1 11 U.S.C. Sec. 363(h) (1982): "Notwithstanding subsection (f) of this section, the trustee may sell both the estate's interest, under subsection (b) or (c) of this section, and the interest of a co-owner in property in which the debtor had, at the time of the commencement of the case, an undivided interest as a tenant in common, joint tenant, or tenant by the entirety, only if--(1) partition in kind of such property among the estate and such co-owners is impracticable;(2) sale of the estate's undivided interest in such property would realize significantly less for the estate than sale of such property free of the interests of such co-owners;(3) the benefit to the estate of a sale of such property free of the interests of co-owners outweighs the detriment, if any, to such co-owners; and(4) such property is not used in the production, transmission, or distribution, for sale, of electric energy or of natural or synthetic gas for heat, light, or power.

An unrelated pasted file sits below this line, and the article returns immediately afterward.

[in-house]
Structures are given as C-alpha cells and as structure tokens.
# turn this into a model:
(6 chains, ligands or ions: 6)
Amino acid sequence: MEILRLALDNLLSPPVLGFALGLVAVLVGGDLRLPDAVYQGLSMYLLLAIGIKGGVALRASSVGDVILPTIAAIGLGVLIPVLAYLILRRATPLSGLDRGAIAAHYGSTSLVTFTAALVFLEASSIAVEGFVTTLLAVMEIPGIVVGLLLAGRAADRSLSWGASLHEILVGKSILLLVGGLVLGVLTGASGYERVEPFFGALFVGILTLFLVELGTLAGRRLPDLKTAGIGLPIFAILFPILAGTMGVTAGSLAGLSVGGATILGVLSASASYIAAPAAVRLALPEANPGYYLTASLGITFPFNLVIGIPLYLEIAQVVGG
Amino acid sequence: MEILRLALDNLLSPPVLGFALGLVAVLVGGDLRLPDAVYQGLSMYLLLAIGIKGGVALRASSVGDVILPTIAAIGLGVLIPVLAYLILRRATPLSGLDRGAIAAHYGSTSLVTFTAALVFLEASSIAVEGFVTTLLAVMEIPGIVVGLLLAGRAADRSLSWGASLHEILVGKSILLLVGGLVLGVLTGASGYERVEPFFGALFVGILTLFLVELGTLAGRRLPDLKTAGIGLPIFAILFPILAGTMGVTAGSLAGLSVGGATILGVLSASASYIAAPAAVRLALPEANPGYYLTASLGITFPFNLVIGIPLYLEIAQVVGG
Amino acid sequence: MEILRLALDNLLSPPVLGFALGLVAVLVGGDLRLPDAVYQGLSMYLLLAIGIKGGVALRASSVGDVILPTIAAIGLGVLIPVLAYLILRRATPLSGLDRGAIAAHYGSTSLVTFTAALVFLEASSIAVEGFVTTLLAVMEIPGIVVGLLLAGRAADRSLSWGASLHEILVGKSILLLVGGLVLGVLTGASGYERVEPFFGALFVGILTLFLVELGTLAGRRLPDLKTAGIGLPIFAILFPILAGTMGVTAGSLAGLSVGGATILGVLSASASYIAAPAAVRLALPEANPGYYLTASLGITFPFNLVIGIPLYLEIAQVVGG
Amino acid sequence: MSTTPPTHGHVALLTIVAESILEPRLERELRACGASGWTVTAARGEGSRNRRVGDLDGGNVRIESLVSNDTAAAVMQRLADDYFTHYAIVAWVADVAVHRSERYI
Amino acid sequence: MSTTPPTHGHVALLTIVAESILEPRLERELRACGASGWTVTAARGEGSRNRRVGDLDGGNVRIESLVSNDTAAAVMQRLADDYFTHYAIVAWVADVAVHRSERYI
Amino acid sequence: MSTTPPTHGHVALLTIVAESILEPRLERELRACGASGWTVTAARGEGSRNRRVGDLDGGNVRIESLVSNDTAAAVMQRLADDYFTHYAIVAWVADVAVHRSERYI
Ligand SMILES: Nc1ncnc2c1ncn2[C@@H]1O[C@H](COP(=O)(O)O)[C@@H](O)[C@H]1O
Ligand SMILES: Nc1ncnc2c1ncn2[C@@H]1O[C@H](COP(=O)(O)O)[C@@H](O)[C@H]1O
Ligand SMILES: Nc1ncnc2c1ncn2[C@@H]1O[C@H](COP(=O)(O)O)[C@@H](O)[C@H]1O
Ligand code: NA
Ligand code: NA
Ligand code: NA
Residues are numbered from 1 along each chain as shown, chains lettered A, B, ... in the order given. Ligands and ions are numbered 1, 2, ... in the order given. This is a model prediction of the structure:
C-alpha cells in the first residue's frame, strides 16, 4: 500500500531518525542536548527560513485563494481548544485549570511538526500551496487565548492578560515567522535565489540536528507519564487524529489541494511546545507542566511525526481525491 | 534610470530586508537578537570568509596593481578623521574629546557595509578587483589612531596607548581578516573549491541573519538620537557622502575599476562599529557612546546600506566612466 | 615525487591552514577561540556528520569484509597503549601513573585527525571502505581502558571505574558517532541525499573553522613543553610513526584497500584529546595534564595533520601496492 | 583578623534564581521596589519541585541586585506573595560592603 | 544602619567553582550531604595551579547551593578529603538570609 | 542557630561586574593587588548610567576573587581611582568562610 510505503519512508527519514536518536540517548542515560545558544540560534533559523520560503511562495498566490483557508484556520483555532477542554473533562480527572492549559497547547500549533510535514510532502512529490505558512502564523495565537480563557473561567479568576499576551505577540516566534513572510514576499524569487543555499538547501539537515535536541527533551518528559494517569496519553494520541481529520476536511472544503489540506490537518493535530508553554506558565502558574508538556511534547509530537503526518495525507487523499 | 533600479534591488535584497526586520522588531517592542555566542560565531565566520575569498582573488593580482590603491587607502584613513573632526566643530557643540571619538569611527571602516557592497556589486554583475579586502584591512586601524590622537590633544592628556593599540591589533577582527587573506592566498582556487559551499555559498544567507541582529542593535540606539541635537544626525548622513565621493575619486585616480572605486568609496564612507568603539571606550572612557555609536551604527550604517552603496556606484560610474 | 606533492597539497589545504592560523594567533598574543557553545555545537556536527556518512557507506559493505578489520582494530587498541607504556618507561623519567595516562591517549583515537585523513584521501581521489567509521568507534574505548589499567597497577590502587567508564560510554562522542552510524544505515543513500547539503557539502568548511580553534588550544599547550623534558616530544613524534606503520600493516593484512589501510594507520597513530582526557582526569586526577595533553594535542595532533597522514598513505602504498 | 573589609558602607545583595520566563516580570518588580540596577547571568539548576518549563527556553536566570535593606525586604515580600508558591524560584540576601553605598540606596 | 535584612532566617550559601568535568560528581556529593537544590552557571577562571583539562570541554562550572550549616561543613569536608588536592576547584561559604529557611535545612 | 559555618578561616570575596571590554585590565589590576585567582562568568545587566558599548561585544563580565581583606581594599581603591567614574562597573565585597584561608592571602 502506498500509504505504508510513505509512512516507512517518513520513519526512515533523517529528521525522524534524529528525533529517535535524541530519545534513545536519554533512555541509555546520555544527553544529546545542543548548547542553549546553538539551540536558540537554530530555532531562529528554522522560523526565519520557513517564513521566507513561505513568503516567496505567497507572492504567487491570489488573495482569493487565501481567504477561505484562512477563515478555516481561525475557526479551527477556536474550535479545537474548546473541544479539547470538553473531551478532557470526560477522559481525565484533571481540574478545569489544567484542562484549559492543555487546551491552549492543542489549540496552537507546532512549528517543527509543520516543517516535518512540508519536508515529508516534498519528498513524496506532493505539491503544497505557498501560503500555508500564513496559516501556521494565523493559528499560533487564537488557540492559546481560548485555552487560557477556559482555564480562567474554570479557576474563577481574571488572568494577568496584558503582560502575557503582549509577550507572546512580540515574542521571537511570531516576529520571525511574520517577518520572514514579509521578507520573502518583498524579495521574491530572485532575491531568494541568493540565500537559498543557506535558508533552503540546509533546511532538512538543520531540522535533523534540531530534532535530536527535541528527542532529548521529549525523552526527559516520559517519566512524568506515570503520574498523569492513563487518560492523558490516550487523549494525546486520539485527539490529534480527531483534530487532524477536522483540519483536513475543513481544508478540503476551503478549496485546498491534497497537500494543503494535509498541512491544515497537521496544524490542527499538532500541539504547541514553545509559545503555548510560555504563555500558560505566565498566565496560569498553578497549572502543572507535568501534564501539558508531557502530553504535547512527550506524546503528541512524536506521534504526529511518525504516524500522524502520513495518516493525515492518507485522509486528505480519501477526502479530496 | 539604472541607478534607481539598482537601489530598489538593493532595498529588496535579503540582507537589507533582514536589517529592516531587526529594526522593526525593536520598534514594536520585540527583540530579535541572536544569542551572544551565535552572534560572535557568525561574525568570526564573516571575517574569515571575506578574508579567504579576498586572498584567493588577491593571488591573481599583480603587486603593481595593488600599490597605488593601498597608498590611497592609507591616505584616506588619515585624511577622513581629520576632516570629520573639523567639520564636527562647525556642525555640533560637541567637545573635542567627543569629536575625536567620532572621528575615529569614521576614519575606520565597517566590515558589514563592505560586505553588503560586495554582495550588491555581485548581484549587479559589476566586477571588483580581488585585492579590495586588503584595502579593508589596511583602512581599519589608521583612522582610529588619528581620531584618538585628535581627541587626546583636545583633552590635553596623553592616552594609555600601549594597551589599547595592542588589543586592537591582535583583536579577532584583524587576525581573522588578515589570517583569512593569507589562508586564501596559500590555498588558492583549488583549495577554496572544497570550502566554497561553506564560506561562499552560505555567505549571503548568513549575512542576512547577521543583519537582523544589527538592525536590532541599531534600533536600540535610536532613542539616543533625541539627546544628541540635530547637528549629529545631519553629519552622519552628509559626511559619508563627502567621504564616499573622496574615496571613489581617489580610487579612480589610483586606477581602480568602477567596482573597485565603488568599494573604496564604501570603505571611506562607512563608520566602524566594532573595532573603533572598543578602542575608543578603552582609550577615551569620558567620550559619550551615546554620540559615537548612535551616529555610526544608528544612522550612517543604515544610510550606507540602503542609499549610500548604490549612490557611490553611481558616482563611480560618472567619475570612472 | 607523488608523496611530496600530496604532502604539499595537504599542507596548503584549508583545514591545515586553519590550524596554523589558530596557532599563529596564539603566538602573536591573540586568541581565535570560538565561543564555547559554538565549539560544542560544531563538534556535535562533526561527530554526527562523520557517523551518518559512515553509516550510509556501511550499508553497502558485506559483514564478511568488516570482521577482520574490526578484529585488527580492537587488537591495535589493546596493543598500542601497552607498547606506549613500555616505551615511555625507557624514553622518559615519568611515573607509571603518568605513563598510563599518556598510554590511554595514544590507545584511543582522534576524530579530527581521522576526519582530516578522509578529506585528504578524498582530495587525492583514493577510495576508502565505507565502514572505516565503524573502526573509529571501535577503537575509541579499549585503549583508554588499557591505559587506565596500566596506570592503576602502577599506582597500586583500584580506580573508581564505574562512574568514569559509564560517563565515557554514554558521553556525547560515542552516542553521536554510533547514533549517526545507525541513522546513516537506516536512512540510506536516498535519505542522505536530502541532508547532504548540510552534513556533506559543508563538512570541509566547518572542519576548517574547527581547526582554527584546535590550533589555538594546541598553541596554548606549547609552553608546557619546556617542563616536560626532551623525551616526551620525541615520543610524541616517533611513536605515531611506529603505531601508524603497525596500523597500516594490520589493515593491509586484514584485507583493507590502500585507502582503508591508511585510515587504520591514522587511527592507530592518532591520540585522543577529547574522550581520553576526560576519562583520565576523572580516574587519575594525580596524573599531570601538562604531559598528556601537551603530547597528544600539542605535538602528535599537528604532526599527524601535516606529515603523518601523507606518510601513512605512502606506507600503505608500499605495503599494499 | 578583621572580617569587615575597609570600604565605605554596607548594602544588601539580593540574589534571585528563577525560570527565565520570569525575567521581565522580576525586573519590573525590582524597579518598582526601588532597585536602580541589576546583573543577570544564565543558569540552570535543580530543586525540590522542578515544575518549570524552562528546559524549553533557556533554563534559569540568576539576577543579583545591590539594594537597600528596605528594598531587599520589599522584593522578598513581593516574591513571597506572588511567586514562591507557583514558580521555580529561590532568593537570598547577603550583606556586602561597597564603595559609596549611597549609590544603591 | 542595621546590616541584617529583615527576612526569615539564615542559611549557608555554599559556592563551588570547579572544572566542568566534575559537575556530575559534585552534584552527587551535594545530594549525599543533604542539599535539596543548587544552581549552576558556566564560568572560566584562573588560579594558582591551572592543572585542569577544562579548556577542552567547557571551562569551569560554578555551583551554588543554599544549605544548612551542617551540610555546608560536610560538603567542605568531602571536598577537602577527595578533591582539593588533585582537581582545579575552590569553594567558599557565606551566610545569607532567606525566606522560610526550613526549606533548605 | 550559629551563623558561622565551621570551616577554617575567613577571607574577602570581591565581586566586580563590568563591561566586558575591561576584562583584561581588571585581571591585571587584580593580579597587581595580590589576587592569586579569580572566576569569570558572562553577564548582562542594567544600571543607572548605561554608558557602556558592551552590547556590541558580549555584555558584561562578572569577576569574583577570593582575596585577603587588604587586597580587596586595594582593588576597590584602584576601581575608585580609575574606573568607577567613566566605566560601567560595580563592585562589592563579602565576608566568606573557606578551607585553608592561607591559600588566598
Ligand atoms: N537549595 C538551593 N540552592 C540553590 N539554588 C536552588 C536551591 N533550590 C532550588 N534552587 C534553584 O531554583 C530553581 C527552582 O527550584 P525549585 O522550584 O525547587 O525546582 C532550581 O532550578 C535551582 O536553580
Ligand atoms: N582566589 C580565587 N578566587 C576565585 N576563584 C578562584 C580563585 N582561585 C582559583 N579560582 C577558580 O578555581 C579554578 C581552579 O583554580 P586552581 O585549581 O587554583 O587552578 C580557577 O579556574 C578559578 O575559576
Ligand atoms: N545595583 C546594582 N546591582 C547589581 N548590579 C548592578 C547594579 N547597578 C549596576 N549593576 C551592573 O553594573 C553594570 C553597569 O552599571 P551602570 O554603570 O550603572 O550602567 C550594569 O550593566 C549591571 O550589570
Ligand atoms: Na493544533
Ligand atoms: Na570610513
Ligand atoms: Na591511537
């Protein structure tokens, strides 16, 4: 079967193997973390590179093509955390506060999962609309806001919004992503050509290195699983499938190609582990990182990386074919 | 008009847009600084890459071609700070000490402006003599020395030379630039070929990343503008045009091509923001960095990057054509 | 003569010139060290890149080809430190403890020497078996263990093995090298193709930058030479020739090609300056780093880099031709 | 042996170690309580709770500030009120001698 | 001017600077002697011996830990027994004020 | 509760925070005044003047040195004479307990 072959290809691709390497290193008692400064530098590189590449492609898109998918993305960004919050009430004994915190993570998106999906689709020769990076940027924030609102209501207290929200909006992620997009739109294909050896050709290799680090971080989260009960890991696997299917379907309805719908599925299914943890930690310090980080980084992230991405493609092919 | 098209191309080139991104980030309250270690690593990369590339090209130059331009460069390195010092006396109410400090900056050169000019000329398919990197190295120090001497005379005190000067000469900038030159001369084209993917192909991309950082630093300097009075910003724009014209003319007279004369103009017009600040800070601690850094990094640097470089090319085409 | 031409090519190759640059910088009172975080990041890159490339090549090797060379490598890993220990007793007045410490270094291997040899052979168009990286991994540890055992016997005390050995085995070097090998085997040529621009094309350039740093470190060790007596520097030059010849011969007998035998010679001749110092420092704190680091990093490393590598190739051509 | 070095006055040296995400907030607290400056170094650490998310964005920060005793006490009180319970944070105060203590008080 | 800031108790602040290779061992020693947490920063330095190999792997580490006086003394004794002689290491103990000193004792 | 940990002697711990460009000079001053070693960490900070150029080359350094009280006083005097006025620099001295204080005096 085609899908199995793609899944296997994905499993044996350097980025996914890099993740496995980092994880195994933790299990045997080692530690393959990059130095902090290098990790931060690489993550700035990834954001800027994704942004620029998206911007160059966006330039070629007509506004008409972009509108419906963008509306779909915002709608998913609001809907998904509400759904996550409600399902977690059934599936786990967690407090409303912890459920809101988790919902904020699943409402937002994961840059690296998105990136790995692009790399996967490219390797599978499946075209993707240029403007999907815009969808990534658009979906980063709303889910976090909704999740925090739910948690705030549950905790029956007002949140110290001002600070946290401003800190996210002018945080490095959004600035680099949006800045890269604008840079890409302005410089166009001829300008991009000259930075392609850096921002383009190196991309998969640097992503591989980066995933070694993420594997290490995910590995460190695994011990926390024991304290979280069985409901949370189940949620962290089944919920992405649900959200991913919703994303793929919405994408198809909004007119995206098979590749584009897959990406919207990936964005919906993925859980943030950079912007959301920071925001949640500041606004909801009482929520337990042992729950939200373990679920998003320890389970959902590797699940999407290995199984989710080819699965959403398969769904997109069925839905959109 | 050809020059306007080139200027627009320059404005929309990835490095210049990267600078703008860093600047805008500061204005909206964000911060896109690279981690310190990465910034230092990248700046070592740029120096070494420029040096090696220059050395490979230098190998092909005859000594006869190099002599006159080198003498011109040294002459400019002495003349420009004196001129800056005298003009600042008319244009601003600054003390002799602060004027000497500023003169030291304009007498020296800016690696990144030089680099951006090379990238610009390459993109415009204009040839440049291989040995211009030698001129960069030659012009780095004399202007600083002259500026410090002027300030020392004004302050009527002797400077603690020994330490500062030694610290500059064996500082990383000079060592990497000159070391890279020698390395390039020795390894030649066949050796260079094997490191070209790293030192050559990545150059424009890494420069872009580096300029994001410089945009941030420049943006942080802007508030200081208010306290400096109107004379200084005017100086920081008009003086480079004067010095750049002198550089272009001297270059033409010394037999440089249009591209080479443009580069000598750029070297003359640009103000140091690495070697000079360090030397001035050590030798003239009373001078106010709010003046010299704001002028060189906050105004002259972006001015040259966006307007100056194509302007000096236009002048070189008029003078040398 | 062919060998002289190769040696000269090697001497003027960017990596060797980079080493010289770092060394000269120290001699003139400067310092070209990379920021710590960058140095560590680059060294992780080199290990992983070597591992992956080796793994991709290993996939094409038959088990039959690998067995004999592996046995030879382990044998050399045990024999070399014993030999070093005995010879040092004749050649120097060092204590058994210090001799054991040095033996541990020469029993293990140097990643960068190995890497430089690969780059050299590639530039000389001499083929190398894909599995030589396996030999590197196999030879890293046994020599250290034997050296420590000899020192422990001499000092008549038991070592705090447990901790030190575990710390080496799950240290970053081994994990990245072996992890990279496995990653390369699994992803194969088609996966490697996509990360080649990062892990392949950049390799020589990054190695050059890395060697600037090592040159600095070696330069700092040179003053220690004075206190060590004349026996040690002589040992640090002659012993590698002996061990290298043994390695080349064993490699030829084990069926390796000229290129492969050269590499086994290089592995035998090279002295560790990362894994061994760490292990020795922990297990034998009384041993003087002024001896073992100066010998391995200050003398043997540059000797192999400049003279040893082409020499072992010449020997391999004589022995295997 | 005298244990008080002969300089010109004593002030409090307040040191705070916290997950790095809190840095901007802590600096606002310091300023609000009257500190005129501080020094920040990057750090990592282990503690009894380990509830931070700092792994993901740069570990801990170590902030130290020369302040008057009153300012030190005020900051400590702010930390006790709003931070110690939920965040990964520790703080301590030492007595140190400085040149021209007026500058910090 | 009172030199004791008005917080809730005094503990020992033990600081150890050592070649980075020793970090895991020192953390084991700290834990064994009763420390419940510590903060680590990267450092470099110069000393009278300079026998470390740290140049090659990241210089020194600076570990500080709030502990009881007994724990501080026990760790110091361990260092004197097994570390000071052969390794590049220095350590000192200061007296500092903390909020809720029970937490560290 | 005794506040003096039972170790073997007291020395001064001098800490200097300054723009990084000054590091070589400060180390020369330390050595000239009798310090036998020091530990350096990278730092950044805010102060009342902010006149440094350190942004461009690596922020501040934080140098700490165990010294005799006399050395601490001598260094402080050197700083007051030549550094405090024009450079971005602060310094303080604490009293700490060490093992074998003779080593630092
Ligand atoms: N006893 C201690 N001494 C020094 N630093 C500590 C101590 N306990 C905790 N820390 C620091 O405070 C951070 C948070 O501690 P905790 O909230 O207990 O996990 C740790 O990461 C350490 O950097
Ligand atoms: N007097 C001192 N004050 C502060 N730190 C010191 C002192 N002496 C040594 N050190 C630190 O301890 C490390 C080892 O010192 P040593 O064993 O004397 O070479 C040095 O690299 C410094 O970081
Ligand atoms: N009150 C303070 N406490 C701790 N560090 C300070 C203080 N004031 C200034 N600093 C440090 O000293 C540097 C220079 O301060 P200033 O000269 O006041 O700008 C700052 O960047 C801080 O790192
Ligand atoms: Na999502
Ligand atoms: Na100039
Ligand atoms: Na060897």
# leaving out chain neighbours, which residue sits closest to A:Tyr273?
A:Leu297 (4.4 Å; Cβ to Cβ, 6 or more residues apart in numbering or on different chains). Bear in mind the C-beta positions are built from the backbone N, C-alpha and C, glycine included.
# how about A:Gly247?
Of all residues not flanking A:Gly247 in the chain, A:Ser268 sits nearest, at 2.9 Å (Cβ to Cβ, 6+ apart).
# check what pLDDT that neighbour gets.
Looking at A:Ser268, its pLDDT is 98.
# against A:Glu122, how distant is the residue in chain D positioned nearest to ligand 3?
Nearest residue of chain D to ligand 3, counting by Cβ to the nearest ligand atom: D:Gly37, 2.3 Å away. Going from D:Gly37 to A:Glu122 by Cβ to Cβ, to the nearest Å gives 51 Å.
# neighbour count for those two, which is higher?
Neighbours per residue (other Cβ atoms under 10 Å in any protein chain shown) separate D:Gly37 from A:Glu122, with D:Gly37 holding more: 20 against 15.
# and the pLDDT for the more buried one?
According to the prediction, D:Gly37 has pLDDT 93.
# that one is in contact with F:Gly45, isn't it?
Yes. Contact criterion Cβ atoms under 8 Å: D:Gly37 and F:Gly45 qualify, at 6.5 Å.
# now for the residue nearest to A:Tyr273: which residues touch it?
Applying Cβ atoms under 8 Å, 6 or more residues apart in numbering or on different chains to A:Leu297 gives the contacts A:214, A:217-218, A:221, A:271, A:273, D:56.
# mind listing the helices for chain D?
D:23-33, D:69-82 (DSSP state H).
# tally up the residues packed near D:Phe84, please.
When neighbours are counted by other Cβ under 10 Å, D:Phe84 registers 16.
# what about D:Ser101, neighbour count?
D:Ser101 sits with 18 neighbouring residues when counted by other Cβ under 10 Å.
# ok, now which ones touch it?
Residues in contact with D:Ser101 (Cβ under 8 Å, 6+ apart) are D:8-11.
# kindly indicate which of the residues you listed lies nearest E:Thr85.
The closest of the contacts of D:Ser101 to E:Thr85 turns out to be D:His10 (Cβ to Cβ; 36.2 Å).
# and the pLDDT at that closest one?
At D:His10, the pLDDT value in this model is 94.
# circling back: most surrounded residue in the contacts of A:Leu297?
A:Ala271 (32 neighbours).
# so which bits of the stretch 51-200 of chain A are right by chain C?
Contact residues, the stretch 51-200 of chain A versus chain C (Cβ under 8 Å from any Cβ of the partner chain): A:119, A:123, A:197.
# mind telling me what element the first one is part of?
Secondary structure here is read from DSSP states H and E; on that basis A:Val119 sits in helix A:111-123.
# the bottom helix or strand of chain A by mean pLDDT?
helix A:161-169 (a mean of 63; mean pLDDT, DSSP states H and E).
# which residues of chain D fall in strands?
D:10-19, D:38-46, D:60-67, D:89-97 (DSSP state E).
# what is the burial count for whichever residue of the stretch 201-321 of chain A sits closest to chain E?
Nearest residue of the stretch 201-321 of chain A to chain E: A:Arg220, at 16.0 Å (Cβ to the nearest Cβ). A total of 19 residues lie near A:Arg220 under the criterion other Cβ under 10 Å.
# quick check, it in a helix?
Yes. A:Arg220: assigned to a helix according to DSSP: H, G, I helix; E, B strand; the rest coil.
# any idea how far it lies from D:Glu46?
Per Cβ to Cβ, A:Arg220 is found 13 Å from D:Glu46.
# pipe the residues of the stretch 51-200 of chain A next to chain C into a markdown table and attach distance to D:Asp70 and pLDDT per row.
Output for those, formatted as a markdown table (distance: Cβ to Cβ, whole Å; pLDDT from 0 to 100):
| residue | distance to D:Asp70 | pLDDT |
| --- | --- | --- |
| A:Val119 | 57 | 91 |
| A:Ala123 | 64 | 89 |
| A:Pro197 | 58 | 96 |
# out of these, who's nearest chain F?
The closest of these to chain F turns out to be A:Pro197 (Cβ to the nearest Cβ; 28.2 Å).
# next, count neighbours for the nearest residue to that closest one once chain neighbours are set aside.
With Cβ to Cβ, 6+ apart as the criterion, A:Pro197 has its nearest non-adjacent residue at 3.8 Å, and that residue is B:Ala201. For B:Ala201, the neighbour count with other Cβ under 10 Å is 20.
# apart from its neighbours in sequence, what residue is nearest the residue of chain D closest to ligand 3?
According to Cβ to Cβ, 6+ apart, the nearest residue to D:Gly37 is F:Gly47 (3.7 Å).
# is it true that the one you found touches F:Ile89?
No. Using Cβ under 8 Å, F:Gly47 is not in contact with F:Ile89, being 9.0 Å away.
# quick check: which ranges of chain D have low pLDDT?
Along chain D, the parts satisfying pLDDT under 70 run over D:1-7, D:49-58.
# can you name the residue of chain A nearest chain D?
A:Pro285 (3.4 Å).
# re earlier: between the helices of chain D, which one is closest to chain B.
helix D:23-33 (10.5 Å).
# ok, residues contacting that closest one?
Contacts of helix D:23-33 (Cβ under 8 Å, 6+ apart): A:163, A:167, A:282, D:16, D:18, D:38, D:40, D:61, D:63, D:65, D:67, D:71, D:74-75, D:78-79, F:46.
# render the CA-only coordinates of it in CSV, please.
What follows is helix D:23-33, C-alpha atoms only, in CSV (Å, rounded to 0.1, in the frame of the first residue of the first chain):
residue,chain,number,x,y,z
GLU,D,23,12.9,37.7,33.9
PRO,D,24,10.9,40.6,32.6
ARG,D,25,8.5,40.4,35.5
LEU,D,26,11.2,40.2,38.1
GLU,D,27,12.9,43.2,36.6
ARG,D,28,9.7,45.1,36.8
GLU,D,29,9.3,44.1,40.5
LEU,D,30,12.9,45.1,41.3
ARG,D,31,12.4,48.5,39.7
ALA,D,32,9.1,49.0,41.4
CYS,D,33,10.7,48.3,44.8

2 Ala.Code T.47, Sec. 19 (1940) stated that if the parties declare in the instrument that the joint tenancy contained a right of survivorship, or use other words expressing their intention to create a valid survivorship provision, then the survivorship element is non-destructible [current version at Ala. Code Sec. 35-4-7 (1975) ]
3 The deed in question only mentions the Livingston's as takers "for and during their joint lives."
4 Nunn v. Keith is also controlling law over pre-Bernhard conveyances to joint tenants. Bringhurst v. Hardin, 387 So.2d 186 (Ala.1980)
5 There has been no argument by any of the parties to this action that the cotenancy involved relates to a tenancy by the entirety. Therefore, we do not consider it as worthy of any in-depth discussion